Analysis of Flow and Heat Transfer in the U.S. EPR Heavy Reflector

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Virginia Tech

The U.S. Evolutionary Power Reactor (EPR) is a new, large-scale pressurized water reactor made by AREVA NP Inc. Surrounding the core of this reactor is a steel wall structure sitting inside called the heavy reflector. The purpose of the heavy reflector is to reduce the neutron flux escaping the core and thus increase the efficiency of the reactor while reducing the damage to the structures surrounding the core as well. The heavy reflector is heated due to absorption of the gamma radiation, and this heat is removed by the water flowing through 832 cooling channels drilled through the heavy reflector.

In this project, the temperature distribution in the heavy reflector was investigated to ascertain that the maximum temperature does not exceed the allowable temperature of 350 C, with the intent of modifying the flow distribution in the cooling channels to alleviate any hot spots. The analysis was conducted in two steps. First, the flow distribution in the cooling channels was calculated to test for any maldistribution. The temperature distribution in the heavy reflector was then calculated by simulating the conjugate heat transfer with this flow distribution as the coolant input.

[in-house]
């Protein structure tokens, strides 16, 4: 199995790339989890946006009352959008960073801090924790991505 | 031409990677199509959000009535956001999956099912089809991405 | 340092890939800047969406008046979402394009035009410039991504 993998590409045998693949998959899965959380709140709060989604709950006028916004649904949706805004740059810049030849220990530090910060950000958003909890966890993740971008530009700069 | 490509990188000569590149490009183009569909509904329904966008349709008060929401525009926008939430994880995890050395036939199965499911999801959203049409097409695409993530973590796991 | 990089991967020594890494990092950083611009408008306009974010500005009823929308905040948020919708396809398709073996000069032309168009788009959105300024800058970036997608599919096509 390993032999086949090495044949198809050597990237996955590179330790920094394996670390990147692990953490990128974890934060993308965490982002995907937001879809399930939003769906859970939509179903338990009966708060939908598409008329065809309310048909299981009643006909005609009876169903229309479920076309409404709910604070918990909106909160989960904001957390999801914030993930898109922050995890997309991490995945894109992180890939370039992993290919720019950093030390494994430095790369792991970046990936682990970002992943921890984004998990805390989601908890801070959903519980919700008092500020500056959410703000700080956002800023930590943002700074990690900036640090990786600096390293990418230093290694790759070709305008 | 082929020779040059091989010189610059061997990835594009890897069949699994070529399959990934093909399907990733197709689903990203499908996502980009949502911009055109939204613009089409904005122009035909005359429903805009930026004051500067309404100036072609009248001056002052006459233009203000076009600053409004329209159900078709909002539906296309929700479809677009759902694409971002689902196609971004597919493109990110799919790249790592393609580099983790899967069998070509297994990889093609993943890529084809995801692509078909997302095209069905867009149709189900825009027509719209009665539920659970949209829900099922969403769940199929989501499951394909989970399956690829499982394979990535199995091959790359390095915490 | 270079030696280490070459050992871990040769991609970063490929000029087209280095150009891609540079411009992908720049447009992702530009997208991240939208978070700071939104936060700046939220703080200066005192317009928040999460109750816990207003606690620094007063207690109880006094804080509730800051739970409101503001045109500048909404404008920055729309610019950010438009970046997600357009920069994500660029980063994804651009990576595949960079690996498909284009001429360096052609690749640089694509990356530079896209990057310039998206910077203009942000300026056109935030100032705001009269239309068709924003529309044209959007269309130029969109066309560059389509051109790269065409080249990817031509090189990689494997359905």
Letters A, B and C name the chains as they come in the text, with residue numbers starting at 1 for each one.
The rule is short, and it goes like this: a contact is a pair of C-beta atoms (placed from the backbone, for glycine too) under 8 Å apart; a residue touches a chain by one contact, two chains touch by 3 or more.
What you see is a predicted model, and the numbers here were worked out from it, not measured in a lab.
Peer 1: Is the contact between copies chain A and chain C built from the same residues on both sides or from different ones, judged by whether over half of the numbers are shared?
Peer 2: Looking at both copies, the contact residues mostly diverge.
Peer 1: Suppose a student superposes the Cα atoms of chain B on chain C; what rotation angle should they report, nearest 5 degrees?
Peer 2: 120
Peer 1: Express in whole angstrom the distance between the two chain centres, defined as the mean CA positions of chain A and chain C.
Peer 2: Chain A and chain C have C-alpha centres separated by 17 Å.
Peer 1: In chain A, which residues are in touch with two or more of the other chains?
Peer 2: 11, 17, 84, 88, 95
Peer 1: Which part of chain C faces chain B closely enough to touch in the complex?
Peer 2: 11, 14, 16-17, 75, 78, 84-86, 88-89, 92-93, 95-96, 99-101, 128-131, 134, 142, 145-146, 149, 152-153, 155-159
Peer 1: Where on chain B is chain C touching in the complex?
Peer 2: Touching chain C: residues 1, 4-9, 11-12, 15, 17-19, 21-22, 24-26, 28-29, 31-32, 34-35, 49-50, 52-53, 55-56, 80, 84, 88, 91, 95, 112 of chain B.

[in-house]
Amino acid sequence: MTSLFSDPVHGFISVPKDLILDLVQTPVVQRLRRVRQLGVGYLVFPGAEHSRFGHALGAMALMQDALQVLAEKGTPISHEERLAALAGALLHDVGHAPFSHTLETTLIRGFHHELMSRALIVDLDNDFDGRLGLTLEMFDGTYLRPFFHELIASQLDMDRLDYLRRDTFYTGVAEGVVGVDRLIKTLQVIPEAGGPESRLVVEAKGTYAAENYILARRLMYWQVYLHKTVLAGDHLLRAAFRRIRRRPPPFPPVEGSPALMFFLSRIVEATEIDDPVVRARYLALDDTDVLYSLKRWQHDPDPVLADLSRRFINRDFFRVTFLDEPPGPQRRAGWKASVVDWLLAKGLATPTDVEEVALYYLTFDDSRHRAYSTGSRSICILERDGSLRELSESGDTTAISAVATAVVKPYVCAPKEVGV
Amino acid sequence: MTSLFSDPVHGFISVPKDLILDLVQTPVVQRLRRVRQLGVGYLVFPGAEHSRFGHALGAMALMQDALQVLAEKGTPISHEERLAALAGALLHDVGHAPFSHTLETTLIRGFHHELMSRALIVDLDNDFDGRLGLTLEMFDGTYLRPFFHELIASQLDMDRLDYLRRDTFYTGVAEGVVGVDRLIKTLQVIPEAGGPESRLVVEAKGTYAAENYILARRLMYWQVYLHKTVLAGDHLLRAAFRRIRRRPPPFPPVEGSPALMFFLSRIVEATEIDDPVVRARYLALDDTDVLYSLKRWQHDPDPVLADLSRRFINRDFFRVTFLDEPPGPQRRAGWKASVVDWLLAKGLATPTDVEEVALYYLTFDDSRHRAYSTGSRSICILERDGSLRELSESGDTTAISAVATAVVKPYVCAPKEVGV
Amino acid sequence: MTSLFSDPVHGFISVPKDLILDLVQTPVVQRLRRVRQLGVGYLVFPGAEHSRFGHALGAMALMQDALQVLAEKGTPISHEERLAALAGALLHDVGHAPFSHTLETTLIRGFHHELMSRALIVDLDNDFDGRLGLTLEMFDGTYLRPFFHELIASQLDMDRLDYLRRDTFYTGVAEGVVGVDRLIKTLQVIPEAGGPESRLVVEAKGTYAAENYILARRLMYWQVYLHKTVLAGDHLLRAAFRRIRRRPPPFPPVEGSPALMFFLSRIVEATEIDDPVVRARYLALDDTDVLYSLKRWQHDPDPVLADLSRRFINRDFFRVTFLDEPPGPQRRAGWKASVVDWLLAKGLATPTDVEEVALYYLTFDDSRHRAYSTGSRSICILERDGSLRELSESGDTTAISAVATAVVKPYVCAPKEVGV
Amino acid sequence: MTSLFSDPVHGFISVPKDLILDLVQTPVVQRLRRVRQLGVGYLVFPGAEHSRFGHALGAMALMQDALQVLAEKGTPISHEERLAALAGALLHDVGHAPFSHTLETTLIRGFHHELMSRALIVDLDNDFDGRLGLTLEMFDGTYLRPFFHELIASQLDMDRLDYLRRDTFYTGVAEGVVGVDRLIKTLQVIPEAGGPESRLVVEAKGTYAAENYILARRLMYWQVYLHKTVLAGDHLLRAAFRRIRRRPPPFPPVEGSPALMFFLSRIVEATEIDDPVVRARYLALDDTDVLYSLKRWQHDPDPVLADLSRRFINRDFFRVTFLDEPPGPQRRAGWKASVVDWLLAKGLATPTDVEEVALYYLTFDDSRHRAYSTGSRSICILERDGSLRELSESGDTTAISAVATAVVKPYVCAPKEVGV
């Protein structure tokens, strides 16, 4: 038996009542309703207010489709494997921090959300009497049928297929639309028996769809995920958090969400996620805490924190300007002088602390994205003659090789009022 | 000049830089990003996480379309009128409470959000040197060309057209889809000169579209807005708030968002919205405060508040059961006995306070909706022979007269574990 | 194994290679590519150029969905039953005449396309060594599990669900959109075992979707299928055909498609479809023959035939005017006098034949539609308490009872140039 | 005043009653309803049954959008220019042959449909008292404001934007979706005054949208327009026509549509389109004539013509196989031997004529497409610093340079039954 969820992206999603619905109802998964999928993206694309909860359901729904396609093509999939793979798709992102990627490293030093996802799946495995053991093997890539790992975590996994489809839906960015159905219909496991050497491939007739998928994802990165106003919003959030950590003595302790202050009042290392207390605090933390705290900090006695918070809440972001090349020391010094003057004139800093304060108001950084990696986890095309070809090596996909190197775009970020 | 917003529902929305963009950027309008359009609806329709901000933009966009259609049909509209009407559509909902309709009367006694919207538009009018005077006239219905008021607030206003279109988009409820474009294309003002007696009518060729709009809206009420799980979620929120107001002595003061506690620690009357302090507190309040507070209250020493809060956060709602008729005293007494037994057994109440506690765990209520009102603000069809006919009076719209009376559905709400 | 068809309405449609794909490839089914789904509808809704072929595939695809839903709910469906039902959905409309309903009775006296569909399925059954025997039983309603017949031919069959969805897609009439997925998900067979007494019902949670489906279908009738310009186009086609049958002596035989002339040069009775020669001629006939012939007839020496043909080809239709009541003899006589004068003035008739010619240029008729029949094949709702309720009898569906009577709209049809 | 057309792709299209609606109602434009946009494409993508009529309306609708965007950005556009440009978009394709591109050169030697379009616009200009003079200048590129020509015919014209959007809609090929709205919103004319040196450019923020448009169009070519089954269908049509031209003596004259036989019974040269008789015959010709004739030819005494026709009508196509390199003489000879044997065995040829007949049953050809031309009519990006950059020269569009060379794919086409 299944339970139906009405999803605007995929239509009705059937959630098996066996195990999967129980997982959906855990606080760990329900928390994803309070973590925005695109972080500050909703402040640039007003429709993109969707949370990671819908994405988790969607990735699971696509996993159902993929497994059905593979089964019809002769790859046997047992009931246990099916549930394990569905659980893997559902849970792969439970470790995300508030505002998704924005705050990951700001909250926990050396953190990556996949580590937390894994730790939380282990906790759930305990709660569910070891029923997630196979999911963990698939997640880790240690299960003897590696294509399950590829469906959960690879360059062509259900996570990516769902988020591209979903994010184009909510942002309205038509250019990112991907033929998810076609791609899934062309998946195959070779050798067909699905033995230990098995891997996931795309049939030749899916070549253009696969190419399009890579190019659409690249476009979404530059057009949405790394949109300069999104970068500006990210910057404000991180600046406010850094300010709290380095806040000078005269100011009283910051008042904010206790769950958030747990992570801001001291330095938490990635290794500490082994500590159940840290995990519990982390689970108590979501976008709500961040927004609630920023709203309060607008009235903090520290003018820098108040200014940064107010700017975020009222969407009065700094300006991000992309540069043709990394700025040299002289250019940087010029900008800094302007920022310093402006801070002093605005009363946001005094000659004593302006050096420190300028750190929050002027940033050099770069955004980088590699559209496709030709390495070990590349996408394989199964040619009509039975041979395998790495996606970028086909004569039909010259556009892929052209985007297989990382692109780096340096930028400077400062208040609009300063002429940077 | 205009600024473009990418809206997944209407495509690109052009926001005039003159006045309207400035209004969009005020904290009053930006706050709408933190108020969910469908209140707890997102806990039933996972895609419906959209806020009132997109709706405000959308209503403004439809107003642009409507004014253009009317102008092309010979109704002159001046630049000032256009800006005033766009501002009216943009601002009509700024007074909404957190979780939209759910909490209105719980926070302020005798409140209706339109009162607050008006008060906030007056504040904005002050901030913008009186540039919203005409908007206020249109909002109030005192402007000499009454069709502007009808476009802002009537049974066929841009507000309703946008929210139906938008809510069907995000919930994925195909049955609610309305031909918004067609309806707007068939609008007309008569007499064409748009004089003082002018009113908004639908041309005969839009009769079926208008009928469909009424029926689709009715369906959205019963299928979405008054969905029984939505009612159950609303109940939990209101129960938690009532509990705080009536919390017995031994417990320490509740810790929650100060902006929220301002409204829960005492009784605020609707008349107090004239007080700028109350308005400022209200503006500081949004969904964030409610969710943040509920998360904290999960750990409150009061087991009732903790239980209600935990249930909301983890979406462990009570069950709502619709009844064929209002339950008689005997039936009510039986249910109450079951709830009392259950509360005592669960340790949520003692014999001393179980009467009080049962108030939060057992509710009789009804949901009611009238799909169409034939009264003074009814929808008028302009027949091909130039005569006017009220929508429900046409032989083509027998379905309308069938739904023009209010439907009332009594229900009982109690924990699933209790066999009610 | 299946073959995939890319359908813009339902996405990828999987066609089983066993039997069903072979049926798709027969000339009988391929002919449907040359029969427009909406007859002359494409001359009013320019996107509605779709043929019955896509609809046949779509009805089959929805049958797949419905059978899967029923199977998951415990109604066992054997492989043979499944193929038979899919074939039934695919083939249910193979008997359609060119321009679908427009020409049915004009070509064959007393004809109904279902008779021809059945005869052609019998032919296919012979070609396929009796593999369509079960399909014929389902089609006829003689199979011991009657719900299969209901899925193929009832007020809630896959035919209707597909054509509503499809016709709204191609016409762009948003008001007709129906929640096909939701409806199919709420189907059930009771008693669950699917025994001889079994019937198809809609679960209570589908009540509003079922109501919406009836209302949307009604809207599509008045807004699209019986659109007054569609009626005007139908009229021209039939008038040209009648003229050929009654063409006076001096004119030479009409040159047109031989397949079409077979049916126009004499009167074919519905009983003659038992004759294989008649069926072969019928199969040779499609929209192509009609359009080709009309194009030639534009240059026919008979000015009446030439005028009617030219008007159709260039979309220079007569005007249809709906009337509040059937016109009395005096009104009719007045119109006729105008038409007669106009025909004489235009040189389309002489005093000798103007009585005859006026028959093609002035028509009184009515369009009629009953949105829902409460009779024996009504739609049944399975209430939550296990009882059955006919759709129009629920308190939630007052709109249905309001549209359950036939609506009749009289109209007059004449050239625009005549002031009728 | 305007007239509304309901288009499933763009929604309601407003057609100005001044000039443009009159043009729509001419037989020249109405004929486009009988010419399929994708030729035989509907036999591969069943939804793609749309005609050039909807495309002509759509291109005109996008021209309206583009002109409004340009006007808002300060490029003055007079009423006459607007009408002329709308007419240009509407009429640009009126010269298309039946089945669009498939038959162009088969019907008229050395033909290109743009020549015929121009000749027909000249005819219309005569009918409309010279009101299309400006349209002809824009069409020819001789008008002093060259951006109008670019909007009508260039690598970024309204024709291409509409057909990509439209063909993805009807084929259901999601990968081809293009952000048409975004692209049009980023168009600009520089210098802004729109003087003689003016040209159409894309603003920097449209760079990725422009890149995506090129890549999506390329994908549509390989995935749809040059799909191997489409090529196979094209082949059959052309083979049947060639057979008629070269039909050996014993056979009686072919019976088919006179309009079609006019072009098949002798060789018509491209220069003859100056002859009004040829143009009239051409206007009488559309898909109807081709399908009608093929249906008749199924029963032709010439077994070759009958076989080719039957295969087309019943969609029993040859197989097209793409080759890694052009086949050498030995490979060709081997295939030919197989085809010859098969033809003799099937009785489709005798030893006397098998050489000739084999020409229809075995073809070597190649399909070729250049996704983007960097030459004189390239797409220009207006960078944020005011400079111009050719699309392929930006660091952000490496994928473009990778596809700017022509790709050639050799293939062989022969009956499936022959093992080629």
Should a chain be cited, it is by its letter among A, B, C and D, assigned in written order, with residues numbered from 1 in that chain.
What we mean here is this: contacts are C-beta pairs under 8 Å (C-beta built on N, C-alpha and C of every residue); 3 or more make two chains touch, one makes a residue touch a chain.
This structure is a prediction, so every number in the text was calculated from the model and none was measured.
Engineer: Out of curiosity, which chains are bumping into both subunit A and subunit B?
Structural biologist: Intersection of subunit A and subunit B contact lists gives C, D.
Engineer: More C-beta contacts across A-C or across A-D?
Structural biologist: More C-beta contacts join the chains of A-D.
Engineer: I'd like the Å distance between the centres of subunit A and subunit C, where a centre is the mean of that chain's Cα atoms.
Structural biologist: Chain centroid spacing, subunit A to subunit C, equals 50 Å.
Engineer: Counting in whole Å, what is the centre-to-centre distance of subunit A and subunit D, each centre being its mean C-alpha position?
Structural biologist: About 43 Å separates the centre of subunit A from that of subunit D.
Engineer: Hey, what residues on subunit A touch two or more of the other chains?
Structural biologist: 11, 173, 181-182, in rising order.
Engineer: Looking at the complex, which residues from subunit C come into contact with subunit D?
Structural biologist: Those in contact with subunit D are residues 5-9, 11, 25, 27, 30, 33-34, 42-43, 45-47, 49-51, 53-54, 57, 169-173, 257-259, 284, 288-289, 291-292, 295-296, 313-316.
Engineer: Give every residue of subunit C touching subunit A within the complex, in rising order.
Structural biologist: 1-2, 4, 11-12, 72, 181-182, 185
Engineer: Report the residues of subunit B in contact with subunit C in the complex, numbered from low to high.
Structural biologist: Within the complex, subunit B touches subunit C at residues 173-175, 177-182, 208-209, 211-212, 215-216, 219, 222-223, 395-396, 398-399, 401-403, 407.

The turbulent nature of the flow through the cooling channels made the calculation of the flow distribution computationally expensive. In order to resolve this problem, a simplification method using the "equivalent flow resistance" was developed. The method was validated by conducting a few case studies. Using the simplified model, the flow distribution was calculated and was found to be fairly uniform.

The conjugate heat transfer calculation was conducted. The same simplification method used in the flow distribution analysis could not be applied to this calculation; therefore, the computational cost of this model was reduced by lowering the grid density in the fluid region. The results showed that the maximum temperature in the heavy reflector is 347.7 C, which is below the maximum allowable temperature of 350 C. Additional studies were conducted to test the sensitivity of the maximum temperature with change in the flow distribution in the cooling channels. Through multiple calculations, the maximum temperature did not drop more than 3 C; therefore, it was concluded that the flow distribution in the cooling channels does not have significant effect on the maximum temperature in the heavy reflector.

nuclear, conjugate heat transfer, Computational fluid dynamics, fluid dynamics, cooling channels, PWR, heavy reflector, turbulent flow